JB: They reached out. My friend, or sort of work-acquaintance Julian Ganio was consulting for them and I’d done some projects with him for Fantastic Man. And Silvia Fendi had said something about wanting new graphics for t-shirts and things and then, I did some work for them quickly and that was just for one season and then next season they asked me back to come and actually work in-house with them, so that was really good. And then I did another season after that. It’s funny because you never know how it’s going to turn out.

SC: Are there any people you’re interested in collaborating with currently?

JB: There are, but it’s something that unfolds over time. Sometimes I might see a collection, or people doing something that I could relate to that maybe I hadn’t thought about before, so it’s an on-going thing. I really like Paul Smith.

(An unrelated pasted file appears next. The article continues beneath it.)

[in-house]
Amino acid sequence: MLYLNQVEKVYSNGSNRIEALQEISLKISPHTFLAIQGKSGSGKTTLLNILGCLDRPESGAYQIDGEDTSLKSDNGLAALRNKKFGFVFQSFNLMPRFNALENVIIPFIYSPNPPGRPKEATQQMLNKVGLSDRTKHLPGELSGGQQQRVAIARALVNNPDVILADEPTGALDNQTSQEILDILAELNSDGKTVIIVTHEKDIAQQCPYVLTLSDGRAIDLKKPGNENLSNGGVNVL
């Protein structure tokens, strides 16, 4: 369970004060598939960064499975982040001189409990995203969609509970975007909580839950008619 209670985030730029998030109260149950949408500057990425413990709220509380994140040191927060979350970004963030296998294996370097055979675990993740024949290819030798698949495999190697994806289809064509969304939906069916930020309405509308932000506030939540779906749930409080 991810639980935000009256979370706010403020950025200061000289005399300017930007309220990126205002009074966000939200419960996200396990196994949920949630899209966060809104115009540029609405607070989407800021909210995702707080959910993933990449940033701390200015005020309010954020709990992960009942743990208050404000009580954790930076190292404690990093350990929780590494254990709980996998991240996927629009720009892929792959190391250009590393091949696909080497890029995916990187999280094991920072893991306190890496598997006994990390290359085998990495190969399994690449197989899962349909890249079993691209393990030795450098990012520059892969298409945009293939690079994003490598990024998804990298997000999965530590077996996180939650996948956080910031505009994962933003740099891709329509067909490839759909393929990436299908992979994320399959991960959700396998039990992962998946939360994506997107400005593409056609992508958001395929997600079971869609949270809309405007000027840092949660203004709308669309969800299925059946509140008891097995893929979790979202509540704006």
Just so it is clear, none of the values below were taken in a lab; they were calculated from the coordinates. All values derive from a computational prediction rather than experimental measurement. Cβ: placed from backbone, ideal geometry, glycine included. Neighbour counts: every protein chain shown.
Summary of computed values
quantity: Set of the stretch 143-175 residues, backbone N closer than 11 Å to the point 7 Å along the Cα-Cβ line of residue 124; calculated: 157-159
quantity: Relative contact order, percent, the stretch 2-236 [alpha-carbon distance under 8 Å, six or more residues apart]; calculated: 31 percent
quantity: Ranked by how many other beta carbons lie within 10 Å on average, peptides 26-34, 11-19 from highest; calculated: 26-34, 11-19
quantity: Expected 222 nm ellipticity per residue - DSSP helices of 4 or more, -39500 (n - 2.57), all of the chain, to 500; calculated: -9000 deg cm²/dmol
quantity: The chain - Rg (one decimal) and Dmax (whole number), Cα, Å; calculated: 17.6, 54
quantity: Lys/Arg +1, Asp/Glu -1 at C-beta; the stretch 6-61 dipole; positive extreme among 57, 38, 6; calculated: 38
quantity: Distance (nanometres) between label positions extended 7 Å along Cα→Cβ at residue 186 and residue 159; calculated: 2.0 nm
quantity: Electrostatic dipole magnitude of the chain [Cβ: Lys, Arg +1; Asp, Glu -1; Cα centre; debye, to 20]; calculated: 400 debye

SC: When did you discover ceramics?

JB: I guess it was sort of summer 2015, so coming up to three years ago, and I did an evening class in it, because I’d kept noticing more and more ceramics, just generally and then it seemed like a no-brainer. I felt I could actually make the drawings 3D, or make it in a more permanent material.

SC: I noticed that one of your vases was named ‘Love’s Easy Tears’. Is music an influence on your work?

JB: Yeah, definitely. That’s a Cocteau Twins song and I really like The Cocteau Twins. That’s quite a funny sort of tongue-in-cheek thing as well, because, I think, with the head vases they look quite sad as well a lot of the time. People quite like to attach an emotion to them, but I guess there is an emotion involved with the work.

SC: Are there any other materials that you’re looking to move into?